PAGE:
Camille Claudel’s Connection
Camille Claudel was a French sculptor and graphic artist who lived during the turn of the 19th century. Though she was praised for her originality, she lived most of her life in relative obscurity, her career ending tragically early. “La Valse” (cast bronze sculpture, 1905) or “The Waltz”, remains one of her best-known sculptures, immortalizing lovers in a tender embrace.
Cast in bronze in 1905, “La Valse” depicts a man and a woman, held close to one another in a loving, sensual embrace as they dance. Claudel’s details of physicality give the impression of softness, adding tenderness to their sensual dance. Though the image of the pair’s bodies pressed together conjures eroticism and the fiery, physical love that accompanies it, there is no doubt that the pair share a deep emotional connection as well. The man’s arm pulls his lover into him with gentle strength, and he turns his head as if to whisper into her ear. They sway together, intimately intertwined, eyes closed in the bliss of the moment. The pair appear to love each other in totality, in every way possible. There is complete trust and closeness, which Claudel elegantly captures through the body language of her subjects. The lovers that she depicts appear lost in their devotion to each other, completely oblivious to the world around them, nude, intertwined, only seeing their partner. Perhaps Claudel wished to give shape to the deep connection that she believed was inherent in love.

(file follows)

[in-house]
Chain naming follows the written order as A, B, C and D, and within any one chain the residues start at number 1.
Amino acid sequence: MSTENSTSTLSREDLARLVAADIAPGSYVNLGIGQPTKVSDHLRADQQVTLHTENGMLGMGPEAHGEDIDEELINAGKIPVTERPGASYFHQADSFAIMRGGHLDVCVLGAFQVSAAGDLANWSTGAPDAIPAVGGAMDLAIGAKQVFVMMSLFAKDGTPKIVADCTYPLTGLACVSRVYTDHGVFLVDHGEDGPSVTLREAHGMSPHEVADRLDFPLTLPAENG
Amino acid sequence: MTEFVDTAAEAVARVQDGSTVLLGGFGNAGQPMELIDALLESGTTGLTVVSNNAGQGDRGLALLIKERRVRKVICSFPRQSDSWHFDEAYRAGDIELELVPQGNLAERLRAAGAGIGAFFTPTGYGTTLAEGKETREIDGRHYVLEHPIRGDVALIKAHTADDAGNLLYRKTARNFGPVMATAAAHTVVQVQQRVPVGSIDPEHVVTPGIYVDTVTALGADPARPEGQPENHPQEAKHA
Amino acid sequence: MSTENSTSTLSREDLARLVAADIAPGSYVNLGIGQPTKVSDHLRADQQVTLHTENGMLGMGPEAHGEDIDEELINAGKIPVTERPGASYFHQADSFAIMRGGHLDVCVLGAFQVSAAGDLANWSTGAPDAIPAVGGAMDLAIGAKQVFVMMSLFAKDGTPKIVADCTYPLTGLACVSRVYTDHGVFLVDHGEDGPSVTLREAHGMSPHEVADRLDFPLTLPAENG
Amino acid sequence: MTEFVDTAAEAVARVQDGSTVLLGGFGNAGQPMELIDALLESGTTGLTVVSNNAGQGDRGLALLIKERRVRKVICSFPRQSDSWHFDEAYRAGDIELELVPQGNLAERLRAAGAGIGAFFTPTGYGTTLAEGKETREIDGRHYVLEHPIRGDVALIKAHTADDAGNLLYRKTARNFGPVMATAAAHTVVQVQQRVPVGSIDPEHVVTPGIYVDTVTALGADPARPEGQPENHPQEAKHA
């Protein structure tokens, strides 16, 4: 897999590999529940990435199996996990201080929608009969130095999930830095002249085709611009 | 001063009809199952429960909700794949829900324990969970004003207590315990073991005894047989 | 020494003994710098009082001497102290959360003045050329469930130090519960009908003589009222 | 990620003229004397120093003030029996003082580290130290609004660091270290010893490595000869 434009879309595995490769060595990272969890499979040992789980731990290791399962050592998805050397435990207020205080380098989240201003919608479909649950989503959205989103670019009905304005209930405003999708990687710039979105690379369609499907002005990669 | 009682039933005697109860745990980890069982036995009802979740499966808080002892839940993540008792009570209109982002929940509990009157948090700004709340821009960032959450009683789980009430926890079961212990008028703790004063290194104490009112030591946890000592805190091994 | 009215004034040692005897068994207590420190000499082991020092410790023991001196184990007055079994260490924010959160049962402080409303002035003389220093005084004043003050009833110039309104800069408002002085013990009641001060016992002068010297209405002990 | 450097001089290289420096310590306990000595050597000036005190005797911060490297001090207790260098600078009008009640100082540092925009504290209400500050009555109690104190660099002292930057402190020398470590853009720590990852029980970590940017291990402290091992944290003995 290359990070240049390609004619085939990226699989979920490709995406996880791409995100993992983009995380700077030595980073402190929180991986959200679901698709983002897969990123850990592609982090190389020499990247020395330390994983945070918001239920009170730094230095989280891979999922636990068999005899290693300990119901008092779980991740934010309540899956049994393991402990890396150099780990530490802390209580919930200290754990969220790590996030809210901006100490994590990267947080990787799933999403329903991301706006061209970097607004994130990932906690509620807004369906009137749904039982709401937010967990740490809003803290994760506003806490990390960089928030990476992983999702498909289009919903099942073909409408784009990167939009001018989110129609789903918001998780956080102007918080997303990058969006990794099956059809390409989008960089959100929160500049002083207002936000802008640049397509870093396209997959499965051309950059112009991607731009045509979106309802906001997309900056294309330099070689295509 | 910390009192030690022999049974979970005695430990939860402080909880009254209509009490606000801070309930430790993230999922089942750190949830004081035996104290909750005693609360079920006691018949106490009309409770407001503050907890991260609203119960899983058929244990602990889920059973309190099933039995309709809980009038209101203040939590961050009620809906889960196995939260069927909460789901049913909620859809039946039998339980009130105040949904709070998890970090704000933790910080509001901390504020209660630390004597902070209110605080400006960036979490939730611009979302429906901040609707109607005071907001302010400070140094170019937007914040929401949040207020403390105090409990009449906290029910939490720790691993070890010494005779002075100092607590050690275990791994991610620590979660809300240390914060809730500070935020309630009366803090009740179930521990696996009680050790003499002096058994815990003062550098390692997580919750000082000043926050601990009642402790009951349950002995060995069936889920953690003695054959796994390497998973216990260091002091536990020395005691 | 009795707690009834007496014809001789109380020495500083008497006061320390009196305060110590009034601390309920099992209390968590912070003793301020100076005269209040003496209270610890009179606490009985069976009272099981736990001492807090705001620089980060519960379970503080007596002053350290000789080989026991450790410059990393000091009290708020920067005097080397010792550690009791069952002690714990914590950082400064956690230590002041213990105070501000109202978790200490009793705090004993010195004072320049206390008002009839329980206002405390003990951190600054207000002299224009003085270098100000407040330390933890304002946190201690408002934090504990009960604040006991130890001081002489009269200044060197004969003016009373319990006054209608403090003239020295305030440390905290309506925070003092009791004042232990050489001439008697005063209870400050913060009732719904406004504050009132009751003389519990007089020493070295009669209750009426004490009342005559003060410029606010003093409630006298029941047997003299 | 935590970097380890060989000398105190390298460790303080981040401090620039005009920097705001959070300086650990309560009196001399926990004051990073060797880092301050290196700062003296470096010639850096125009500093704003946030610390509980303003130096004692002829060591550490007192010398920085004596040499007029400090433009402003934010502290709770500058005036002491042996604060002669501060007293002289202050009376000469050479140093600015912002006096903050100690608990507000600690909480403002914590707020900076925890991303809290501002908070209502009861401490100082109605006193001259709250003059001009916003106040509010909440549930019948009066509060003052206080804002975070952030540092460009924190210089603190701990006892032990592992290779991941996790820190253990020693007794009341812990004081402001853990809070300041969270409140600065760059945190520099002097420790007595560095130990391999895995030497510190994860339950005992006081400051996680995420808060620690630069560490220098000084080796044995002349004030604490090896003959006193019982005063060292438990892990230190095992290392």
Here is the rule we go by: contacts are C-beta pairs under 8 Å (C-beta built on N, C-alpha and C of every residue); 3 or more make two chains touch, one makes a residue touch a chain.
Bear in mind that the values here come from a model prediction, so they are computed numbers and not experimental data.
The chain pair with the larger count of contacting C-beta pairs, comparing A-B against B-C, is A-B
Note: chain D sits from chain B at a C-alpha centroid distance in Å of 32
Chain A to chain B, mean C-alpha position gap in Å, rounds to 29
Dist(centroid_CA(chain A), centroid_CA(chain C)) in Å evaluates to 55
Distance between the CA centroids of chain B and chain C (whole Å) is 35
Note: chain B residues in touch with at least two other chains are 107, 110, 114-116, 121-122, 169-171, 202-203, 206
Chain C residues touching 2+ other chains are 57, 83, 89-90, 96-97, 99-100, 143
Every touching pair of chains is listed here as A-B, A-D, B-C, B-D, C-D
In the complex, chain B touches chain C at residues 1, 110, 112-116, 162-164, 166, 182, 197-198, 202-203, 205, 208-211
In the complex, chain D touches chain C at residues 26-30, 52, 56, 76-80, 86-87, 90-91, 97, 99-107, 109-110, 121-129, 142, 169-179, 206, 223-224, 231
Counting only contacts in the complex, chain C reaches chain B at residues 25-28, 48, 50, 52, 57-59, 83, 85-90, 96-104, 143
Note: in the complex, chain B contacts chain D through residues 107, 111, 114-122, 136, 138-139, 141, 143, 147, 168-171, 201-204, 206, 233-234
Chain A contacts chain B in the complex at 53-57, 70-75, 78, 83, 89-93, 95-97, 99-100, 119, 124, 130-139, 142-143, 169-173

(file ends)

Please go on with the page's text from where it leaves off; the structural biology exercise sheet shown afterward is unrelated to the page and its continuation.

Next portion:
Though Rodin objected to their affair because of his marriage, Claudel believed in the eternal bond that her art mirrored, that nothing could separate those who truly loved each other. Her own misfortunes held her back from the love that she dreamt of, but Claudel’s sculpture brings the love she craved into the world with her own skill and shares it with us, encouraging people to immerse themselves in love. “La Valse” offers viewers guidance – take the chance, let worries fade, and be swept away in the dance of love.
What do you think of this sculpture?